Do you know where you stand among the seven billion people who live on this planet?
It’s an interesting question, especially for us overfed Westerners. For me, it’s been a long, slow journey to understand that there actually are other people in the world.
It’s like this great old New Yorker cover, painted by Saul Steinberg.
To the average myopic New Yorker, the world beyond the Hudson River is a narrow stretch of corn belt followed by a shred of California, the Pacific, then far, far away … the rest of the world.
In the busy swirl of our lives, can we seriously take the time to wonder about, say, the million-plus migrants trying desperately to save their own lives? Or the hundreds of girls and women Boko Haram abducted who are being forced to become suicide bombers?
How about the homeless and destitute right here in our own home towns? Or the millions of young black men trapped in the school to prison pipeline? Can we really ‘get’ what they are going through?
Do we even really care?
Our crafty minds kick in: why should we care? That’s happening somewhere else, maybe a million miles away.
It’s really not our concern, we tell ourselves.
Truthfully, it’s not time or even distraction that’s the issue here. We remain myopic to the dilemmas of the rest of the world because in the Western world, we live in a highly privileged society. Our needs are met. We have abundant food, homes, water. We have shopping malls, air conditioning, fast food and catering apps. We have time to listen to the news, fret about politics or global warming, and attend protests.
Not surprisingly, millions of people would love to be in our shoes.
It is painful to acknowledge this, because to do so brings up stuff: a sense of privilege, and the shadowy feeling that it is not earned. Then there’s entitlement and guilt.
We’d have to acknowledge all the suffering in the world, which is vast.
And we are small.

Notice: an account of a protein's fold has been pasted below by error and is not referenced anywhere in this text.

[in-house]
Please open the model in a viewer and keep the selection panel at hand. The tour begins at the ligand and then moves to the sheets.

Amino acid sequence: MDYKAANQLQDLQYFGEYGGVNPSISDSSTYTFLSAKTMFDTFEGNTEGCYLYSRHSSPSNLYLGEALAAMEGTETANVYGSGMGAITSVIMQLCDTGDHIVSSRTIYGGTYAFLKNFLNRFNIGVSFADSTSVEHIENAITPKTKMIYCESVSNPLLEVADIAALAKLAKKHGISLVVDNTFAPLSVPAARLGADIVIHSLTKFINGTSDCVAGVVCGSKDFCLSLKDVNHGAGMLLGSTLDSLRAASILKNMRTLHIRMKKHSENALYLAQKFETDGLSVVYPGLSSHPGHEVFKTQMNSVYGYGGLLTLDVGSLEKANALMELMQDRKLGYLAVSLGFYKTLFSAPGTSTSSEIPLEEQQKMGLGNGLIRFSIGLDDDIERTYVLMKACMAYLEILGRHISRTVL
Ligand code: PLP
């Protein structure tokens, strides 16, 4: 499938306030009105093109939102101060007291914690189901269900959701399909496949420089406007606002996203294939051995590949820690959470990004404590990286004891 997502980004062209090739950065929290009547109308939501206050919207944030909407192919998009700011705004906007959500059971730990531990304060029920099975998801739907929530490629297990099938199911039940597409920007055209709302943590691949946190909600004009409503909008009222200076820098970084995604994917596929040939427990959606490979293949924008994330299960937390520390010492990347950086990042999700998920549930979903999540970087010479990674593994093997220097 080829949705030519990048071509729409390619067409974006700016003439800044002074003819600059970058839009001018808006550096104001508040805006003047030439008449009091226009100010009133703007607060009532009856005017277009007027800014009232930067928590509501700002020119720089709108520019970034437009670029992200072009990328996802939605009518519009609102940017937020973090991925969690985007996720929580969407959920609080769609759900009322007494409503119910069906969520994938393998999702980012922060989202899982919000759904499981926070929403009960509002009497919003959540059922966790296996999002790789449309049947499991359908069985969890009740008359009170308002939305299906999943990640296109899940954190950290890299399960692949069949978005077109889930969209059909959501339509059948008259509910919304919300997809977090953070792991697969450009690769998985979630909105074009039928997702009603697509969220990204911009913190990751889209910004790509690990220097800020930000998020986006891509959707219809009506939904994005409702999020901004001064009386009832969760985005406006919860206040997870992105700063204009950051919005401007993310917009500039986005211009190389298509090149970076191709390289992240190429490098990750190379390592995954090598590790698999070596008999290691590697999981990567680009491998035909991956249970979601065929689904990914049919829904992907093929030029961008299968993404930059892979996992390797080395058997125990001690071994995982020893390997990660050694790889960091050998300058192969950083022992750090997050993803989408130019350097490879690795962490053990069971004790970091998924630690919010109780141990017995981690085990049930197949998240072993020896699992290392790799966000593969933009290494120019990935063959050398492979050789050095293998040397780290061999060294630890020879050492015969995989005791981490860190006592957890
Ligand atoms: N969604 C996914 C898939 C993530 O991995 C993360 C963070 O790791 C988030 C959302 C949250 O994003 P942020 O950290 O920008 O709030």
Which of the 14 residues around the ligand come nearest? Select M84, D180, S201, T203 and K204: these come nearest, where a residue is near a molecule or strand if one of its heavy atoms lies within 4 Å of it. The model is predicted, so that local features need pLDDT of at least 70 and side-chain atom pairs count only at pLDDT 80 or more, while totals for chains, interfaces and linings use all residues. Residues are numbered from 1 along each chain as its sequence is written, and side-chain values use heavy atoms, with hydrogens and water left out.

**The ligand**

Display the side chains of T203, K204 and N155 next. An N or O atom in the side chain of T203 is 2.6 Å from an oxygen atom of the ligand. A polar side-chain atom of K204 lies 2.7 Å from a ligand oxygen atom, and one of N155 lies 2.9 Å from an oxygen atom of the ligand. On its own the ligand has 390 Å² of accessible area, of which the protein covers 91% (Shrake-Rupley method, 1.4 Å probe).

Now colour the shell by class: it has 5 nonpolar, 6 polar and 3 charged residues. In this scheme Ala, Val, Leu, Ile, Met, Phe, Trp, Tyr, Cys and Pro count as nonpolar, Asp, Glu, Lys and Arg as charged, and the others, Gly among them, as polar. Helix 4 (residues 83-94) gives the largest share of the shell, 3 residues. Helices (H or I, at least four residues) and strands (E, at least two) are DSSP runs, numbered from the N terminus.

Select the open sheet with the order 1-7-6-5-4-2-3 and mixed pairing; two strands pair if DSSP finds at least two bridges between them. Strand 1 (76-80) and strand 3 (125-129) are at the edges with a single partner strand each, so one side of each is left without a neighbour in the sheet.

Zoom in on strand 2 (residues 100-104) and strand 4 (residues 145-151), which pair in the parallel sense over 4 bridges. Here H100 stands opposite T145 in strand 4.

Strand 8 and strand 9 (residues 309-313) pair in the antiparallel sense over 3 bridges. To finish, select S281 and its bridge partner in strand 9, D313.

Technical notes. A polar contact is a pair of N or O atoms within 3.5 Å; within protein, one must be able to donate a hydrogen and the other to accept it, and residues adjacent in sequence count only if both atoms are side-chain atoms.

How can we possibly hold all this pain? A feeling of complete and utter hopelessness washes over us when we consider it … So we pull out our phones to see who called, or texted, or emailed, or pinged us on social media. We consider a quick game of Words With Friends.
We avoid the singular awareness that we are part of a vast sea of humanity – one that shares common problems across the globe, as well as the local ones.
That awareness, once truly seized, invites a sense of responsibility. Once we are touched by truly understanding another person’s plight, our hearts open up. We can’t help it — it’s simply what we do.
Here’s what is truly interesting: it turns out we are all suffering.
That’s what being a human is really all about.
While we may not be suffering on the scale of a displaced migrant who’s lost everything and has been living in a refugee camp for the last year, we may be living in an empty marriage. Or our children won’t speak to us. Or we’re sick, or our parents are sick … or our …
You get the point.
Within that chrysalis of suffering, we are all being re-formed. Like precious metal we are being melted down, and so can once again live, free from our prior restraints. This is what suffering actually does for us.
For me, I emerged from my own period of huge loss with my senses on high alert. Now I’m still basically raw, even though it’s been more than five years since my daughter’s death. So … yeah. Now I do feel my place in the world, and all the responsibility that comes with it. I’m hoping I always will.
It’s like being an overly peeled onion. So I feel far, far more connected to the rest of my fellow denizens of this planet.
At the same time, I’m no longer caught in my own little survival scenario. The bottom already dropped out once, so now there’s room to stop, breathe and look around. This is the true privilege of crisis.
When you realize this, your own story becomes a bore. Meanwhile, the rest of the world matters far more than you could have expected. For me, I’ve become aware of something far bigger than just me — the fantastic web of humanity that surrounds us all.
It’s true. We are all connected: You, me and the guy who just gave us the finger on the highway. Likewise for our IRS auditor, our kid’s homeroom teacher, and an incarcerated person on the other side of the city you will probably never know.
They matter just like we matter. How do I know this?
Sometimes, just occasionally, I read the paper and I cry. That’s really all I have to go on.
Today, just for a moment, try to imagine that you are far more powerful than you realize. That your big, beating heart really can help save the world, in some small, considered way. And that you are intrinsically connected to every other person under the sun.
All you have to know is where you stand in this great cosmic web of life. It is, indeed, a place of power.
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